• American photographers Sgt. Morriss and Pvt. Persse going into the battle lines on a British Army Tank.  On a battlefield in France between Villeret and Bellicourt September 29, 1918 (Signal Corps # 24533).

    Hitching a ride on an iron horse.

    American photographers Sgt. Morriss and Pvt. Persse going into the battle lines on a British Army Tank. On a battlefield in France between Villeret and Bellicourt September 29, 1918 (Signal Corps # 24533).

  • Photographers of the 163rd Signal Photo Company rush development of negatives of the fall of Rome pictures in a portable lab on the front lines. Left to right: Sgt. Irving Liebowitz, T/4 Harry Jorgensen, T/5 Jerry Franklin, T/5 Mike Polito and Capt. Smith.  These and others provide combat pictures of the war in Italy from the front lines. Fifth Army, Rome area, Italy; 6/11/44 (WWII Signal Corps Collection).

    Field Conditions!

    Photographers of the 163rd Signal Photo Company rush development of negatives of the fall of Rome pictures in a portable lab on the front lines. Left to right: Sgt. Irving Liebowitz, T/4 Harry Jorgensen, T/5 Jerry Franklin, T/5 Mike Polito and Capt...

  • A laboratory technician of the 4th Signal Battalion, U.S. Eighth Army, washes prints in a river in Korea, using a fine weave screen basket.  The sand bag pier was constructed in order to reach water of sufficient depth and rate of flow to wash prints properly.  No other means of washing prints was been available;18 April 1951(Korean War Signal Corps Collection).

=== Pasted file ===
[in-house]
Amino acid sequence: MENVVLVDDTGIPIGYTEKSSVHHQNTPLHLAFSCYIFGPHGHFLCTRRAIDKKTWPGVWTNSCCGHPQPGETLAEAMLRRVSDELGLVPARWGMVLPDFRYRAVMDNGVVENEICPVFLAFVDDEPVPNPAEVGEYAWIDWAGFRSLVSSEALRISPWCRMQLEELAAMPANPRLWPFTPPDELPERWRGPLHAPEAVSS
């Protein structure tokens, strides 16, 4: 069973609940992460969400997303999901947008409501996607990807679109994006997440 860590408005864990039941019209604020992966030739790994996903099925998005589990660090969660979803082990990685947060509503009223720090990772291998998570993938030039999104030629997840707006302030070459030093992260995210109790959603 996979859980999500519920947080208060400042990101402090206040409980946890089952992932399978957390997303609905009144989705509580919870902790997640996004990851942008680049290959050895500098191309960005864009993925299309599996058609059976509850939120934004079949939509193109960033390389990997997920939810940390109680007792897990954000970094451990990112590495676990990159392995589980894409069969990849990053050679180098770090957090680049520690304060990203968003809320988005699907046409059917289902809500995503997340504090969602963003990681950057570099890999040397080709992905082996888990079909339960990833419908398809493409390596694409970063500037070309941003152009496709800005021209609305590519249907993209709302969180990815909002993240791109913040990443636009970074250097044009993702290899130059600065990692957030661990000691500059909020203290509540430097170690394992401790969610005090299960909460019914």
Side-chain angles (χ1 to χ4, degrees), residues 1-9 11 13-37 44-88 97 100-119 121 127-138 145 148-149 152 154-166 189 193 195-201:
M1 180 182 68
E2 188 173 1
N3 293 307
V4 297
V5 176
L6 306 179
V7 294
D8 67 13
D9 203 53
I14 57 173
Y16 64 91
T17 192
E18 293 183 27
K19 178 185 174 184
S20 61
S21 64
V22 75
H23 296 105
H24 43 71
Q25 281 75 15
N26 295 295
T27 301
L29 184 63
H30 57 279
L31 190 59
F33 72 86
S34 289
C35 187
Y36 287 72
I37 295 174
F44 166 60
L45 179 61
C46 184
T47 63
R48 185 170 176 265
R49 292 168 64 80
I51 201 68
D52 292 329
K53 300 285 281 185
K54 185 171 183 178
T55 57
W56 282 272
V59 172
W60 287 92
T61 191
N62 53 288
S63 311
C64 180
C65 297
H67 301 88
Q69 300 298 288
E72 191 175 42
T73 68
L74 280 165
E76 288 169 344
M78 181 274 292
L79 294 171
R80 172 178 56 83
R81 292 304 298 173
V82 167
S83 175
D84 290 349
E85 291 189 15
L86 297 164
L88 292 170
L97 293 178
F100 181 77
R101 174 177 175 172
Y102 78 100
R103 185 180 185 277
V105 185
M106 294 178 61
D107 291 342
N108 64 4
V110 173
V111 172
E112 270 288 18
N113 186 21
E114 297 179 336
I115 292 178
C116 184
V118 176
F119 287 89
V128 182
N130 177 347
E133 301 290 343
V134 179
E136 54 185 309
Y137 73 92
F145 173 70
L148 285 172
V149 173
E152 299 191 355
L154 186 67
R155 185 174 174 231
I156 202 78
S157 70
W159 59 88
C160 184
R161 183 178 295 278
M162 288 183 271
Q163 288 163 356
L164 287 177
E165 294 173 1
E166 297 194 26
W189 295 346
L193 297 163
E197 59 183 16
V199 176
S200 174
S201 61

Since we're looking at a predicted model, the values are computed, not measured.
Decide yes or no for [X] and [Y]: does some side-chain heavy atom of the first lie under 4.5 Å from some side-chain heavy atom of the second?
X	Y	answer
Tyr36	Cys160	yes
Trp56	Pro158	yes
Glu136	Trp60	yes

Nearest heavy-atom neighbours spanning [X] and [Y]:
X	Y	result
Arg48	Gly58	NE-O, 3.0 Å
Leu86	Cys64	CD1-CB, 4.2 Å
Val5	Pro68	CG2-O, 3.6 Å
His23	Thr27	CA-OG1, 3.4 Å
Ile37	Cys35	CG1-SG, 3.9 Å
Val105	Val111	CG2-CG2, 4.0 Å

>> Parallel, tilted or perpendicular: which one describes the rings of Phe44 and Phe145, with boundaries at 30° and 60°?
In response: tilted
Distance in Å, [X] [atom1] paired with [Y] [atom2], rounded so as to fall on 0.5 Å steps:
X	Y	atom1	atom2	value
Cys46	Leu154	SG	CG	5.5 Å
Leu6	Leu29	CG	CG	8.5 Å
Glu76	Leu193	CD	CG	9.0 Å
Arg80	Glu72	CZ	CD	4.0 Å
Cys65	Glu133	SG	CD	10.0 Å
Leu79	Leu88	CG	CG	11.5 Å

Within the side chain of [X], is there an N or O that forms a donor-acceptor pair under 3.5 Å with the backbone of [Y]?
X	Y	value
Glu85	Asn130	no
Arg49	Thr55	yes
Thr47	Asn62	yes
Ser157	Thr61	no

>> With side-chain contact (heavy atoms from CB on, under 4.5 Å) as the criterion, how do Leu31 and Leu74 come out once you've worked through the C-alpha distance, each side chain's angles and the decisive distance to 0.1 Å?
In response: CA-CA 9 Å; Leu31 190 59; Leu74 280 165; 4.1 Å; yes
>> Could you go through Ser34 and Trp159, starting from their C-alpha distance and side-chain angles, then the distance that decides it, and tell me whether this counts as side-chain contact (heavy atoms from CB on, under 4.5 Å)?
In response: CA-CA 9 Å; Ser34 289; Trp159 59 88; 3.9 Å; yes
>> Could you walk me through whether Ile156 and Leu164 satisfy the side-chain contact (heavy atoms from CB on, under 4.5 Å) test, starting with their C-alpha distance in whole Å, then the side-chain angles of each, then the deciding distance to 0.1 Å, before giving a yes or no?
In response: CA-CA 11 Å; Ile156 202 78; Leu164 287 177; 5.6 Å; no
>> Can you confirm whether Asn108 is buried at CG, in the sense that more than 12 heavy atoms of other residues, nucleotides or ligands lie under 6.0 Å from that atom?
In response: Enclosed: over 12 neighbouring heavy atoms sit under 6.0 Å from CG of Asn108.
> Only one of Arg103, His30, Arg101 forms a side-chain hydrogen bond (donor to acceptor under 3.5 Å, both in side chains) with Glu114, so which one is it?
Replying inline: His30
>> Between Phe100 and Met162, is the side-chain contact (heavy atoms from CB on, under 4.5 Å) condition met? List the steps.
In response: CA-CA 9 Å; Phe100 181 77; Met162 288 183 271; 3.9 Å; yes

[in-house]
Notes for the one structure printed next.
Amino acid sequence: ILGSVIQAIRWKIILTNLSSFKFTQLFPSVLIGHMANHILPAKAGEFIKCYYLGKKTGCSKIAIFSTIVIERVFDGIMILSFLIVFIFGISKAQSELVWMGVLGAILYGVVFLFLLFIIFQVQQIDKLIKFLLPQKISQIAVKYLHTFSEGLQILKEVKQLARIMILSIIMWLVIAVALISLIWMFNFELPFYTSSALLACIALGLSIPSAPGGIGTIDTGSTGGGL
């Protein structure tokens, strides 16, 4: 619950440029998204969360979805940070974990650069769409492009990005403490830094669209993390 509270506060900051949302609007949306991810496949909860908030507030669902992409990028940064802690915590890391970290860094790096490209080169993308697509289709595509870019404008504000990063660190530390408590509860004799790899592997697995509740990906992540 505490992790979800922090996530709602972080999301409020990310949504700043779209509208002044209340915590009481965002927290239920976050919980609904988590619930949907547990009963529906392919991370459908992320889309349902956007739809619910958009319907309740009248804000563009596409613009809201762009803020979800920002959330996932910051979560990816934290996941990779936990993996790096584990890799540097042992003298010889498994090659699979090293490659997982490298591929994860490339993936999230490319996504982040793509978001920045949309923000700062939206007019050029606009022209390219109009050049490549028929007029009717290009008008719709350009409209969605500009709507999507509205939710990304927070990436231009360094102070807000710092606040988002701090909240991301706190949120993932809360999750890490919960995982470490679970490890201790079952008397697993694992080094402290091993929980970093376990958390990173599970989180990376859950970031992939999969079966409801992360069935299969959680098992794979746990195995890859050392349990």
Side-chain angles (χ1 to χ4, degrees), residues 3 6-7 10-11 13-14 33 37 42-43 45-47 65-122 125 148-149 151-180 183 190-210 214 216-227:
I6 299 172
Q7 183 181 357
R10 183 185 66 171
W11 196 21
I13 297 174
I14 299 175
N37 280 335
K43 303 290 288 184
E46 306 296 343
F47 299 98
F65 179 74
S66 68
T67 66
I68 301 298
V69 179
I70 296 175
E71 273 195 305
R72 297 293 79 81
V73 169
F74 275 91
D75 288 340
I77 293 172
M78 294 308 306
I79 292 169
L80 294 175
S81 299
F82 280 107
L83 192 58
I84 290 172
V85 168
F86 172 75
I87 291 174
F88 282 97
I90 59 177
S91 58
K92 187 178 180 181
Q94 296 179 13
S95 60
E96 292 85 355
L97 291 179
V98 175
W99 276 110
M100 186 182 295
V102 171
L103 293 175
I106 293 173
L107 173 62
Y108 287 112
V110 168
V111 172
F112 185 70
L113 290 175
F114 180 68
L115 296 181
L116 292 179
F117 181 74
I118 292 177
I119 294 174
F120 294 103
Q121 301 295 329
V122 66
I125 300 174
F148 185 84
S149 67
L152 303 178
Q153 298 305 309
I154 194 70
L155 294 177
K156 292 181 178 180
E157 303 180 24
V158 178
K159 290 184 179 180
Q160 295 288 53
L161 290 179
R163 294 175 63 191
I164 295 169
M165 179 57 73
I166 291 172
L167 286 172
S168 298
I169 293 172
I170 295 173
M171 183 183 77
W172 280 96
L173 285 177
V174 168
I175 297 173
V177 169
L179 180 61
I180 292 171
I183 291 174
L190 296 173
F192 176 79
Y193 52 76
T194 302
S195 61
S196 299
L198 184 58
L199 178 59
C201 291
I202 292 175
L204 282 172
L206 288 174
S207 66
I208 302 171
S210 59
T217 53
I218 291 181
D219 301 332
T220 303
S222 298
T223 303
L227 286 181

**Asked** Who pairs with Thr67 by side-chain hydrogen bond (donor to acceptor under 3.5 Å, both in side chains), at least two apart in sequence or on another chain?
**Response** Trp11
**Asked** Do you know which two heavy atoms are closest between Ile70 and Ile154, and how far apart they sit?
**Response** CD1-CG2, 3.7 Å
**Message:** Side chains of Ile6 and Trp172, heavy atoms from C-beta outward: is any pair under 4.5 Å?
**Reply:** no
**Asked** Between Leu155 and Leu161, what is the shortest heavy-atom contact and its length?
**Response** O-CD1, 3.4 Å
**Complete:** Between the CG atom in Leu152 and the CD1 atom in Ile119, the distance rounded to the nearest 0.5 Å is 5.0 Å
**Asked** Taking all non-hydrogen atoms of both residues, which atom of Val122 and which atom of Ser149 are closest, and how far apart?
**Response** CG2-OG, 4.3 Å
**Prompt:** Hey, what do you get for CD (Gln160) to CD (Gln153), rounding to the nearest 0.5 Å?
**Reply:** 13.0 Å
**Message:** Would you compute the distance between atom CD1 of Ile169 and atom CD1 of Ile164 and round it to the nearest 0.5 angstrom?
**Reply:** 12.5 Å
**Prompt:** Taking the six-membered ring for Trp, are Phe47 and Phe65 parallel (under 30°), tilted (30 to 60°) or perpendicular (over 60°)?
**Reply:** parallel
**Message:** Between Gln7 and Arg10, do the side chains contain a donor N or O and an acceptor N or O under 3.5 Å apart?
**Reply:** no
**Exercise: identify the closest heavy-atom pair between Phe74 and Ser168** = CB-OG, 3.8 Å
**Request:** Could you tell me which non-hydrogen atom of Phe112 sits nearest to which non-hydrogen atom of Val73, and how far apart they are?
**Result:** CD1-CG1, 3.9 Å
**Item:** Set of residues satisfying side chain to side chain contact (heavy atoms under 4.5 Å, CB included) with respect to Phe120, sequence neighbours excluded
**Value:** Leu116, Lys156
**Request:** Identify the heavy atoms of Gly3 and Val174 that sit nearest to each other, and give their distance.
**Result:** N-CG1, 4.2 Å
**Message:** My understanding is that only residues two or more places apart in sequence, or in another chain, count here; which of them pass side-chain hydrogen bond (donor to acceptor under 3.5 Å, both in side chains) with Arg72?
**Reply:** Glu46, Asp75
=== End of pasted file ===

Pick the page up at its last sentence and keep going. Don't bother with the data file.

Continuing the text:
Down to the River!

    A laboratory technician of the 4th Signal Battalion, U.S. Eighth Army, washes prints in a river in Korea, using a fine weave screen basket. The sand bag pier was constructed in order to reach water of sufficient depth and rate of flow to wash prints...

  • A student of the Signal Corps School in NewYork, undergoing a part of the "Camera Obstacle Course". This represents only one of the many obstacles the trainees are required to over come. Training with the gas masks on develops chest and stomach muscles;1942 (WWII Signal Corps Collection).

    No obstacle to tough for the intrepid photographer.

    A student of the Signal Corps School in NewYork, undergoing a part of the "Camera Obstacle Course". This represents only one of the many obstacles the trainees are required to over come. Training with the gas masks on develops chest and stomach...

Article Audio

  • This Week In Army History - Combat Camera
  • This Week In Army History - Combat Camera

Aca,!A"The departure of our boys to foreign parts with the ever-present possibility that they might never return, taught the real value of photography to every father and mother. To many a mother the photograph of her boy in his country's uniform was the one never-failing consolation.Aca,!A?
~Louis Fabian Bachrach, American portrait photographer, 1881-1963